While waiting for a client this week in a coffee shop, I couldn't help but hear the couple right beside me talking about work. They didn't seem upset per se but the conversation got a bit loud and heated.
It appeared the topic of the conversation was about the people in their company. Apparently someone in the office is upset because she works too many hours while the other guy isn't in the office enough and the boss hasn't looked at the new forms. My client arrived and we moved on to our own conversation.
The Three Circles
You may be familiar with the theory of three sides to every story - your version, my version, and the truth. So what was really going on in their chat and how often does this happen? Well I’ll propose the true story could be better told if they knew the whole picture and this happens far too often.
In a recent Forbes article entitled Why Are so Many Employees Disengaged, Victor Lipman outlines that the United States Bureau of National Affairs estimates US businesses lose about $11 billion each year due to employee turnover. There are various data that estimate the loss in productivity in North American businesses due to disengaged employees is approaching a trillion dollars annually.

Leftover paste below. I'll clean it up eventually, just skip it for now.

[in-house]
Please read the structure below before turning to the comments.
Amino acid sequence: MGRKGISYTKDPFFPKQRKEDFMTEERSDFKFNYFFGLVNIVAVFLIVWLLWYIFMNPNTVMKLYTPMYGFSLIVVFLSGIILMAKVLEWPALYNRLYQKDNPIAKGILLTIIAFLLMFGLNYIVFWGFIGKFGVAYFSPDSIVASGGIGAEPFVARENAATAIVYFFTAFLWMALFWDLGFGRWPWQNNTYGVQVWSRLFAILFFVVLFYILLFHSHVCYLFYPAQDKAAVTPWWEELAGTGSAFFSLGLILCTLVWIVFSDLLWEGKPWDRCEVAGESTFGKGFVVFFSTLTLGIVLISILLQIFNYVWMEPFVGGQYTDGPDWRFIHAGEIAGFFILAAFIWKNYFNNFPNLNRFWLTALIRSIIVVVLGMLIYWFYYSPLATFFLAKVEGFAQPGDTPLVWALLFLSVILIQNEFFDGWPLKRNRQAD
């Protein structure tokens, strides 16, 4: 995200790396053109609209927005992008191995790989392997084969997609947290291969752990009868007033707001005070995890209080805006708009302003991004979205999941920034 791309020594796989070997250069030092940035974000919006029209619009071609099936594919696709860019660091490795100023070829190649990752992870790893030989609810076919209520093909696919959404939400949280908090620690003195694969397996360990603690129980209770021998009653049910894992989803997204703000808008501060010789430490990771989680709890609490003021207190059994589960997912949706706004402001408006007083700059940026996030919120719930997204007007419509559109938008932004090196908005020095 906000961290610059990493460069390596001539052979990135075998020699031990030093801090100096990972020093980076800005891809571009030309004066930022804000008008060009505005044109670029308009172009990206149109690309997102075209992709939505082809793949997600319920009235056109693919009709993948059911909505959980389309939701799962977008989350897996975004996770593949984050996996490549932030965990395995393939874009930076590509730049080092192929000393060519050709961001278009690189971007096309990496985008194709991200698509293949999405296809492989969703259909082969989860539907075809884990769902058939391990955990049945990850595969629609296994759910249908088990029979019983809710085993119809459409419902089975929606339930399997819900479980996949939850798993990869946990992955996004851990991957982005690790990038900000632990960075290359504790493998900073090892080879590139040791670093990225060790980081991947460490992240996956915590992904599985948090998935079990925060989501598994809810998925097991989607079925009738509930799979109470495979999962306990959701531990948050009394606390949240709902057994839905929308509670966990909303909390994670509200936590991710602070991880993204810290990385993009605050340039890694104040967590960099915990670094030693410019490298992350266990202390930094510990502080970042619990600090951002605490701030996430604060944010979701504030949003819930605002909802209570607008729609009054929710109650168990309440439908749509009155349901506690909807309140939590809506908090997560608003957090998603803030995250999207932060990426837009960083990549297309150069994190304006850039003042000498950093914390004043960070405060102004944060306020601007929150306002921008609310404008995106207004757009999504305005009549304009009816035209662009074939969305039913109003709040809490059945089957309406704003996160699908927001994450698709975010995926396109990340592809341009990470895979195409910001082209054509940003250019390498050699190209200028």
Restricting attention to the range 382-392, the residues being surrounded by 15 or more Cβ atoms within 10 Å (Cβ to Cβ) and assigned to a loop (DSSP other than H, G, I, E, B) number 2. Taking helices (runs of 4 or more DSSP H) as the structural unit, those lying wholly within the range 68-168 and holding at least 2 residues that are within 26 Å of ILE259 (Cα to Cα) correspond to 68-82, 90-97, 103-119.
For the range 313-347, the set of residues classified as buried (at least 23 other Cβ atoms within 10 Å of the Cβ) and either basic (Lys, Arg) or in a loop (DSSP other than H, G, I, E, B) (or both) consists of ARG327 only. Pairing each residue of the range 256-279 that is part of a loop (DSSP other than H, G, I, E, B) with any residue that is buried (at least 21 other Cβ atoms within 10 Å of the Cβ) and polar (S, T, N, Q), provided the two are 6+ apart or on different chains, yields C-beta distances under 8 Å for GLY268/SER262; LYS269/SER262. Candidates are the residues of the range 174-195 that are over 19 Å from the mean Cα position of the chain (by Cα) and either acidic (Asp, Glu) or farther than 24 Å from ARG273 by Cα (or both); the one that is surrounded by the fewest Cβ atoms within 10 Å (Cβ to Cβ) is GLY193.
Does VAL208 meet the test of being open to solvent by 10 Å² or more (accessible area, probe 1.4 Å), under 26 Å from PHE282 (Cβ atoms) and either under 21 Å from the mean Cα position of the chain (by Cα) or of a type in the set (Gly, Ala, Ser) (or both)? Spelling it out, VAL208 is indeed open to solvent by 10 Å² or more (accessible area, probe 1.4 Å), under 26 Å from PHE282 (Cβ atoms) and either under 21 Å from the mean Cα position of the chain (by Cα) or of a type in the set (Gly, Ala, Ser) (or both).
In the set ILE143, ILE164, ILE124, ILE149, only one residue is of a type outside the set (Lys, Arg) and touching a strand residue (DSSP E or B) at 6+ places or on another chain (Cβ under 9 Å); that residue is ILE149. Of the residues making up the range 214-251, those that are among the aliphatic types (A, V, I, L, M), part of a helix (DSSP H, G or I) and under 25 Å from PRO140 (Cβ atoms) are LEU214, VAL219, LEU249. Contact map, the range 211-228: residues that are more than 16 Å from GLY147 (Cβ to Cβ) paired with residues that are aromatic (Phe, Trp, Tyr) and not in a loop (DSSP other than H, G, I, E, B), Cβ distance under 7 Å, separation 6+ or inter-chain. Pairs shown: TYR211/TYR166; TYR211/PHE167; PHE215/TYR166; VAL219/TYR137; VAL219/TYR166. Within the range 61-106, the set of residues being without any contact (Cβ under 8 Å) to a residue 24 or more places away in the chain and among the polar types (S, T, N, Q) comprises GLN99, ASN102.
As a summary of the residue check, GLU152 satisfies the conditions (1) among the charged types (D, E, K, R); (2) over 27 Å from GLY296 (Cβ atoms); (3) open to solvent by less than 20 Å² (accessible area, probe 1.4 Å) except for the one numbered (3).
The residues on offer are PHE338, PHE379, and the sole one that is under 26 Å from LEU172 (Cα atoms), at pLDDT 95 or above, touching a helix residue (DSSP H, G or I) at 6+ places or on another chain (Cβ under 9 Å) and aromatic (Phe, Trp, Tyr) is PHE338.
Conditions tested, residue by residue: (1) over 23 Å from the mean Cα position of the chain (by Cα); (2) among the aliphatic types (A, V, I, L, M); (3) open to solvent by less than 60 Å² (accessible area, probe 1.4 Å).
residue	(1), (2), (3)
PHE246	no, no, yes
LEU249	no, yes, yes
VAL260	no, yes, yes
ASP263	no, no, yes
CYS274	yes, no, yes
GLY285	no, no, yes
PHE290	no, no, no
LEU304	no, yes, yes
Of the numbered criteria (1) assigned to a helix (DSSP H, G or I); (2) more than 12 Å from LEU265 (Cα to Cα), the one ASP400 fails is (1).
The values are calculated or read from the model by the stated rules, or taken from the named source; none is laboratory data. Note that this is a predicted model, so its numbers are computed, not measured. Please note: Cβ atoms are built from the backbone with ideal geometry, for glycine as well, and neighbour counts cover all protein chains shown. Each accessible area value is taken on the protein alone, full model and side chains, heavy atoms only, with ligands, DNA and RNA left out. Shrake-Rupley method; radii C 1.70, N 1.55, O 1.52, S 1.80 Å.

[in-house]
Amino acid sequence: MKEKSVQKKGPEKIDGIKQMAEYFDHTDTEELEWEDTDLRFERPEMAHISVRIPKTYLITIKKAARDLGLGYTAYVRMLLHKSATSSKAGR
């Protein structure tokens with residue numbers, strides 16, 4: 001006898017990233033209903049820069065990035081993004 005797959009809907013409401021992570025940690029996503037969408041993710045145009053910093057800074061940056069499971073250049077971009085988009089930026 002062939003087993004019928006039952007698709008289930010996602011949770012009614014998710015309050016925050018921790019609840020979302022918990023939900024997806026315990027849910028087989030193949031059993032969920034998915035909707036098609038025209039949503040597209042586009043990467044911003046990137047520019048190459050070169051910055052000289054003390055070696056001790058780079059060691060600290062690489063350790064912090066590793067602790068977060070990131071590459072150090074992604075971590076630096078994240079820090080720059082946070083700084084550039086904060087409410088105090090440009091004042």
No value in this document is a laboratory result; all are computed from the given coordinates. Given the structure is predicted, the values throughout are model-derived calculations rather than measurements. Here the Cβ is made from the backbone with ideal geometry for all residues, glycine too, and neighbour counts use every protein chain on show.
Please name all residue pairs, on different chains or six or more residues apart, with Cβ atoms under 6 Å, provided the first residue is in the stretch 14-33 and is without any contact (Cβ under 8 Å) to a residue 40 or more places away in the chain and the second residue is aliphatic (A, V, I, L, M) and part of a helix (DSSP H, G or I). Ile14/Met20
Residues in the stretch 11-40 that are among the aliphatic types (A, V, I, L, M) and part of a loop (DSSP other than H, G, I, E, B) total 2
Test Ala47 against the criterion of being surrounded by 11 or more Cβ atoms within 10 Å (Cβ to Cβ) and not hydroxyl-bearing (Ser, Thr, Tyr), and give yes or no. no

Refills and Retorts
Widen that scope to a global snapshot and the numbers get worse. It's not always obvious, it often comes in small increments difficult to measure. A sick day here, a stab in the back there, an off-site chat here, and suddenly it adds up to a malaise or unhappiness which affects careers, culture, and bottom lines.
This isn't to suggest the two people at the coffee shop are ready to walk but imagine how much productivity is lost by their chat then multiple it by the millions of similar chats all over the world every day. We all need to blow off steam and not everyone will collaborate the way we want them to, but if you’re in a leadership role it’s imperative to understand revenue is driven by much more than sales calls.
If you are the leader, get used to the team talking about you behind your back and not agreeing with every decision but if you treat them fairly and openly, I like your chances.
Open that door a little wider and pass the sugar.
Kneale Mann | Leadership and Culture Strategist, Writer, Speaker, Executive Coach helping leaders create dynamic culture and improved results.